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Burnaby wants feedback on laneway housing rules: 1 parking spot required, 1,500 sq. ft. allowed

Burnaby residents can tell the city what they think of the proposed laneway housing program at two open houses on March 28 and March 29.
The City of Burnaby is proposing a program of laneway housing for all single-family zoning districts.

Burnaby residents can have their say on new rules and regulations proposed for laneway housing in the city.

The City of Burnaby is hosting two open houses on the draft Housing Choices program on March 28 and March 29 at local community centres.

What’s the plan for laneway homes in Burnaby?

The draft program would allow laneway homes, smaller detached houses built on the property of another house, on all single-family lots in Burnaby. Eligible properties must have car access to the home from the side or back of the property.

Proposed regulations include:

  • Laneway homes could be built to a maximum of almost 1,507 square feet and a minimum of 322.93 sq. ft.
  • Heights would be limited to two storeys maximum (no higher than 24.9 feet with a sloping roof), but homeowners could get an additional 1.6 feet if the home is built to energy efficient standards like “passive house, net zero, or B.C. Energy Step Code 5 buildings.”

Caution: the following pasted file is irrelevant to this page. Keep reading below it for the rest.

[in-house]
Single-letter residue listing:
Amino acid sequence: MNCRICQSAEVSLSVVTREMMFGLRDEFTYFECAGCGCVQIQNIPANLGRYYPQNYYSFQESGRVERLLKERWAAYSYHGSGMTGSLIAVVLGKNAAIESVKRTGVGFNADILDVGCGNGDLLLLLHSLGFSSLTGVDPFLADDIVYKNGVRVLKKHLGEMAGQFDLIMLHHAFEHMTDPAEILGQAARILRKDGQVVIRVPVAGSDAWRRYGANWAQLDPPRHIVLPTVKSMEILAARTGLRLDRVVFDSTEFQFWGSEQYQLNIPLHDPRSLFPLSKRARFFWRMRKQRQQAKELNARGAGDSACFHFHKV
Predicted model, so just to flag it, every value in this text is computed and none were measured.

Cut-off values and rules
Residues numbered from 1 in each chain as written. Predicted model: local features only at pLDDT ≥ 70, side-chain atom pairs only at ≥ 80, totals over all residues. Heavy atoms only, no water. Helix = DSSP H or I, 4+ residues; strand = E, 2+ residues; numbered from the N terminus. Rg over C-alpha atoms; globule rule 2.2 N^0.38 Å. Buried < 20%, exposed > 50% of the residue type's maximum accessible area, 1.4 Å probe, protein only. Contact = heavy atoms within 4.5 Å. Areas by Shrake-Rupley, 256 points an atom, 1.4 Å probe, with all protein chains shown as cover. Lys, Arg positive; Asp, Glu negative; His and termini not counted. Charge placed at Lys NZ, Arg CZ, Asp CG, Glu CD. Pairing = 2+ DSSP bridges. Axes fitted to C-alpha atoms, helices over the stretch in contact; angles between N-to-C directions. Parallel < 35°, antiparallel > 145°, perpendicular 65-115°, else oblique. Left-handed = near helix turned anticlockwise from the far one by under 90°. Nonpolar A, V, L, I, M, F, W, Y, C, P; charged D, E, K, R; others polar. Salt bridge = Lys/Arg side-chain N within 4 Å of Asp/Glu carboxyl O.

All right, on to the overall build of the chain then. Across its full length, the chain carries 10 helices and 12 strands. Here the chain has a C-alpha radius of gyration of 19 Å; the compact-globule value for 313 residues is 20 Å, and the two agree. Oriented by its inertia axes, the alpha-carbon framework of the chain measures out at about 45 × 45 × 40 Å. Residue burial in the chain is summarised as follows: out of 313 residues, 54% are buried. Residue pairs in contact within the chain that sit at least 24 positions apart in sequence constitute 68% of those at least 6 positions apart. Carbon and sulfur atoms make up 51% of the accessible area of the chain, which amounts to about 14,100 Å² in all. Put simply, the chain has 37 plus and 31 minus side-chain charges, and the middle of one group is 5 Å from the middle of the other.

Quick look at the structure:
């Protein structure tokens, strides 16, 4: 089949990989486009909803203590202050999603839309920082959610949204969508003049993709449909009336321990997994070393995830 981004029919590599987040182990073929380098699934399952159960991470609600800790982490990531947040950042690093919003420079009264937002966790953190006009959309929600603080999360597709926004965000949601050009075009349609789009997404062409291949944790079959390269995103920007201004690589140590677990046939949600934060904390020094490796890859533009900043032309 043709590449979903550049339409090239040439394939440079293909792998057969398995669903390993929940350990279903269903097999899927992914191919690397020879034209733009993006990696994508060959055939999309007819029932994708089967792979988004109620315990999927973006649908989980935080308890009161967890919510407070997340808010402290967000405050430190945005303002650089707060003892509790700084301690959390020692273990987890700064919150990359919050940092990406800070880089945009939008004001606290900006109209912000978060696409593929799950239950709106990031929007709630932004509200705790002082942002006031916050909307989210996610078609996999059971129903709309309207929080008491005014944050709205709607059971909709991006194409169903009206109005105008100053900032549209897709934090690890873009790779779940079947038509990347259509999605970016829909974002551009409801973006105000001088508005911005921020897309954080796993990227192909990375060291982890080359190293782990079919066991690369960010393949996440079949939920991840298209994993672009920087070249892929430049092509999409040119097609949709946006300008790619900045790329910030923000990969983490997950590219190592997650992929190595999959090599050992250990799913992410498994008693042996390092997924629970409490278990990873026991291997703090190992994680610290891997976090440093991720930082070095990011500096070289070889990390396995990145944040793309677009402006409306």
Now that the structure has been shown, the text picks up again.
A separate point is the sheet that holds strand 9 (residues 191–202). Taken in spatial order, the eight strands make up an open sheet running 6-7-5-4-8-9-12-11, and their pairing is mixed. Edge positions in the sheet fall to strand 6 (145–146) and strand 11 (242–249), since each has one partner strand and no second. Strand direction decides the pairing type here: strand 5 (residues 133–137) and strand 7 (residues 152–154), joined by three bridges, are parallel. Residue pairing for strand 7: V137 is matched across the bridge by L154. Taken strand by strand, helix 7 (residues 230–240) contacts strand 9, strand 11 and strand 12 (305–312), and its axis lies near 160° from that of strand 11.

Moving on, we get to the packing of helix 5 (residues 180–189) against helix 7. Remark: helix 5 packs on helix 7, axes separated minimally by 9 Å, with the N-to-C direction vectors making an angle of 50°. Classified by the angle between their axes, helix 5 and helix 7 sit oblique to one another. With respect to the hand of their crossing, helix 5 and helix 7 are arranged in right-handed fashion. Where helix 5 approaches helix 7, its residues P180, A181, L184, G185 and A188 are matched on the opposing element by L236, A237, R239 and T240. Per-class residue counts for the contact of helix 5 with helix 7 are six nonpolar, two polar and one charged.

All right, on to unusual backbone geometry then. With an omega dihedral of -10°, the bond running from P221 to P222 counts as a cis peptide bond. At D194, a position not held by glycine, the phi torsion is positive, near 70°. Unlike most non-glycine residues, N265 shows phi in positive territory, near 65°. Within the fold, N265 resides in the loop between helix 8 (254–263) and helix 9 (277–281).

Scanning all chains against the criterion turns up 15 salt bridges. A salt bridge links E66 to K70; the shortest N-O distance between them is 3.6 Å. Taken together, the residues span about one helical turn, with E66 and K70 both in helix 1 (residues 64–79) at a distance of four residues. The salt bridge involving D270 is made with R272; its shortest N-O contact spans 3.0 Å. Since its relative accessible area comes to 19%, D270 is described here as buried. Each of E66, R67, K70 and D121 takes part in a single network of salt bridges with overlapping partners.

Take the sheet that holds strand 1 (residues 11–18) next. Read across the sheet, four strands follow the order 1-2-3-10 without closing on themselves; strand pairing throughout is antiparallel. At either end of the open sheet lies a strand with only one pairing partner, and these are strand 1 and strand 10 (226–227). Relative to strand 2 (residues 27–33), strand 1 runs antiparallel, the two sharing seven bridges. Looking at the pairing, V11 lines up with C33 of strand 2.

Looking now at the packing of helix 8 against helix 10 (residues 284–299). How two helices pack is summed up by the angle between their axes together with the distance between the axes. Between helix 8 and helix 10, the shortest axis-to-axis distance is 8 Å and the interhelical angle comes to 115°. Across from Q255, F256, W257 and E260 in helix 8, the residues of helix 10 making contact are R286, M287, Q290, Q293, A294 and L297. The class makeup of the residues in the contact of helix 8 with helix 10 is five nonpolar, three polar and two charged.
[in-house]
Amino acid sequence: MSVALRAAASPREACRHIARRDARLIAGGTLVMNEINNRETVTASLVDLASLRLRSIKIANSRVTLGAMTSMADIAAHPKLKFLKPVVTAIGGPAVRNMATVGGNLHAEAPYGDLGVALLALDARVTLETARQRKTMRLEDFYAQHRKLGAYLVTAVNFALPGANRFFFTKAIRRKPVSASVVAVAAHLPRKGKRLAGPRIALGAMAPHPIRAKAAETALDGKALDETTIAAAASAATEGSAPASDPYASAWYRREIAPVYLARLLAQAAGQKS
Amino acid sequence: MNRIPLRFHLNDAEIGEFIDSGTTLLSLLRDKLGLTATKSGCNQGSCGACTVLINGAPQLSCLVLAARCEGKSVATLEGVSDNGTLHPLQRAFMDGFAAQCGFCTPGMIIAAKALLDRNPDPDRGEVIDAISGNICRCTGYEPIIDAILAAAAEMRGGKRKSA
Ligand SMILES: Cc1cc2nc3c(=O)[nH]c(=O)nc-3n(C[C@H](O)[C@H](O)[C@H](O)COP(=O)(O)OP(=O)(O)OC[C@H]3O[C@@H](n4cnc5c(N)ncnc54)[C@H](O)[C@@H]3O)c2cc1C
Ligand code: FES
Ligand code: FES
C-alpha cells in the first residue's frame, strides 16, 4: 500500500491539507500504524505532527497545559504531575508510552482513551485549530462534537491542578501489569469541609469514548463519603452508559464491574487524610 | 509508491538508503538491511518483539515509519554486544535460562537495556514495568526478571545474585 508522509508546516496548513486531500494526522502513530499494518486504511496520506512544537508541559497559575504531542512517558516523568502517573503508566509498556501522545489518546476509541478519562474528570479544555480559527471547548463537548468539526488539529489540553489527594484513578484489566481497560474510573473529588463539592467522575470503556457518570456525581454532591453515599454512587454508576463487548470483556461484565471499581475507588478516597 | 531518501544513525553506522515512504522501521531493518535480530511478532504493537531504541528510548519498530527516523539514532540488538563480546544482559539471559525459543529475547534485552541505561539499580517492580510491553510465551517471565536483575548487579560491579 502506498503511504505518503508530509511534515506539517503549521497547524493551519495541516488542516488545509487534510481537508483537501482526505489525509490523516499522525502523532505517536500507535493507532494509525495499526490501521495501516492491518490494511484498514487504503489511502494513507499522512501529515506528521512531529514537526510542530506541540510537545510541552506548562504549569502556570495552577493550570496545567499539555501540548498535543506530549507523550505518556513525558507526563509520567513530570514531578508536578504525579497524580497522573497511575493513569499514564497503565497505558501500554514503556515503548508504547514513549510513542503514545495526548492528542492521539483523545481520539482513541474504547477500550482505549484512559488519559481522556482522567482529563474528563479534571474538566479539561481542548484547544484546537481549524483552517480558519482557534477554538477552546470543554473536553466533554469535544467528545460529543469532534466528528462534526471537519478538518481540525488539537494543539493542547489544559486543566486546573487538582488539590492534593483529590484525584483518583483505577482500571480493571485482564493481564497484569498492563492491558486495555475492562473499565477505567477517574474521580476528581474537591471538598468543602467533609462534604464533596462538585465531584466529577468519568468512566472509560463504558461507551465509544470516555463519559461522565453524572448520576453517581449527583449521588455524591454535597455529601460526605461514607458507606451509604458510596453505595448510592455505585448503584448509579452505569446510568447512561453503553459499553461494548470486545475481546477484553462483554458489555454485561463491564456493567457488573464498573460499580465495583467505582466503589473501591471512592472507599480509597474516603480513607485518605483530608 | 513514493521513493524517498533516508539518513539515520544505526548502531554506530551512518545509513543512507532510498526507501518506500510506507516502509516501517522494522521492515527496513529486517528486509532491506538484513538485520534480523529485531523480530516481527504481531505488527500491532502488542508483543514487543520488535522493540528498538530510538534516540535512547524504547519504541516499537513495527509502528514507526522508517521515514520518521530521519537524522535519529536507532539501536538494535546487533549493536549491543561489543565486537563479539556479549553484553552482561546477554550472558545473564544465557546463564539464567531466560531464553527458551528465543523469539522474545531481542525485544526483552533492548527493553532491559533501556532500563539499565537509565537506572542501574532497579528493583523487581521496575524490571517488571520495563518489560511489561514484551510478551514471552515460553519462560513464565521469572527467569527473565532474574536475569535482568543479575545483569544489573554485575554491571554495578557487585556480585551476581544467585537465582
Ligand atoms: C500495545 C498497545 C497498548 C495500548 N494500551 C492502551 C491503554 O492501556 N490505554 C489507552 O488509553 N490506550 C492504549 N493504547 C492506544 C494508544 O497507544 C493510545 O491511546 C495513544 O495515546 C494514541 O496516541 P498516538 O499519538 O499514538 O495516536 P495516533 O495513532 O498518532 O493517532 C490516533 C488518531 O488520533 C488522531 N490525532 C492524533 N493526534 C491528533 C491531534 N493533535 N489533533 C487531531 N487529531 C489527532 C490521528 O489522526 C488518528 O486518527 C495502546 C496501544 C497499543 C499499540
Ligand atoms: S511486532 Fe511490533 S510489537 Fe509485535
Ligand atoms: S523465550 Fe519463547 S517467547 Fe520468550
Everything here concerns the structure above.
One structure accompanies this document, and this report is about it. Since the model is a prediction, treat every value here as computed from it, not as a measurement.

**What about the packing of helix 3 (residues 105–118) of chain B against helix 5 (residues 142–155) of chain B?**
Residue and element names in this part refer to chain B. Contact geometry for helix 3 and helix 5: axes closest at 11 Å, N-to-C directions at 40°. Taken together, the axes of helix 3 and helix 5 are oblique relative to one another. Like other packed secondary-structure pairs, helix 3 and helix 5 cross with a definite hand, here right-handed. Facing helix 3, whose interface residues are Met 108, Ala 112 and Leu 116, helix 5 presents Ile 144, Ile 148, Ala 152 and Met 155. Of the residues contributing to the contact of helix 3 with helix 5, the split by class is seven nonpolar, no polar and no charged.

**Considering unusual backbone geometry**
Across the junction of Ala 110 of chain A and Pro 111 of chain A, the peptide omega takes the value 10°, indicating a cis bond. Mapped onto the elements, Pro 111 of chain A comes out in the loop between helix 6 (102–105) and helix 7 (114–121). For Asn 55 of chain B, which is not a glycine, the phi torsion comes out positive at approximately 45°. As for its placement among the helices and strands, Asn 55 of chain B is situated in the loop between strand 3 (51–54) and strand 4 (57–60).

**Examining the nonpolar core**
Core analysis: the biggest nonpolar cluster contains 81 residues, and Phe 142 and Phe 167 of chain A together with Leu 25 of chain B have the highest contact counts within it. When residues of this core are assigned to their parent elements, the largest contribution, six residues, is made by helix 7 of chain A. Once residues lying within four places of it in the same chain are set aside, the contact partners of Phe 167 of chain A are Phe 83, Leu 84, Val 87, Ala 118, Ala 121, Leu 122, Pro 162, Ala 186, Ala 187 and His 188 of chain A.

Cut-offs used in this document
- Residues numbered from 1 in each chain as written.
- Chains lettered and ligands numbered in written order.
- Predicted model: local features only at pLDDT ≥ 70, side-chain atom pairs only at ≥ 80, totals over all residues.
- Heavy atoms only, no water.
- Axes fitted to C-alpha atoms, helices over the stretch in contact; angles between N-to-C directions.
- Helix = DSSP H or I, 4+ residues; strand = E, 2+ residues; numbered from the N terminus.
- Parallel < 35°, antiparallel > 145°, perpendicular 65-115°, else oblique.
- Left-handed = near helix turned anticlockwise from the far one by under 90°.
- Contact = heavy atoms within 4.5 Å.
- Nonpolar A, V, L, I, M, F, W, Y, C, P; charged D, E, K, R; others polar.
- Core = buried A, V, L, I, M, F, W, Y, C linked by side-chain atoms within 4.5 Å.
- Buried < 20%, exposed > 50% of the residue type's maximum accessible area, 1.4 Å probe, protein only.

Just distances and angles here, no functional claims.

• Must be built to a minimum of Step 3 of the Energy Step Code.
  • Long-term rental use acceptable, but short-term rentals like AirBnb are not permitted by city bylaws

How much parking will laneways require?

The city plans to require a minimum of one parking space for the whole property, either uncovered or in a carport, and it must include an outlet “capable of providing Level 2 charging for an electrical vehicle.”

The parking requirement is lower than the city’s current standards for off-street parking, reducing the requirements by about 60 per cent.

The staff report notes, “There are concerns from the engineering perspective that the reduced parking provisions … will increase pressure for on-street parking where there is currently inadequate supply in many neighbourhoods.”

The city’s general manager of planning Ed Kozak said the recommendations regarding parking space reflected “many tensions” in policy but added the public consultation process showed support for one parking space.

“We heard pretty loud and clear that limiting parking was something that the community was OK with, if it provided these other benefits,” Kozak told council on Feb. 27, adding the benefits included more room for lot development and green space.

The city’s Housing Choices survey showed more than two-thirds of respondents would support lower parking requirements, according to the staff report.

What about the cost?

A consultant’s financial analysis on the program showed the total costs of building a new laneway home, including construction, fees, GST and other costs, would range from about $600,000 to $840,000 if the existing home is kept, or $500,000 to $725,000 if a new home is built concurrently with the laneway.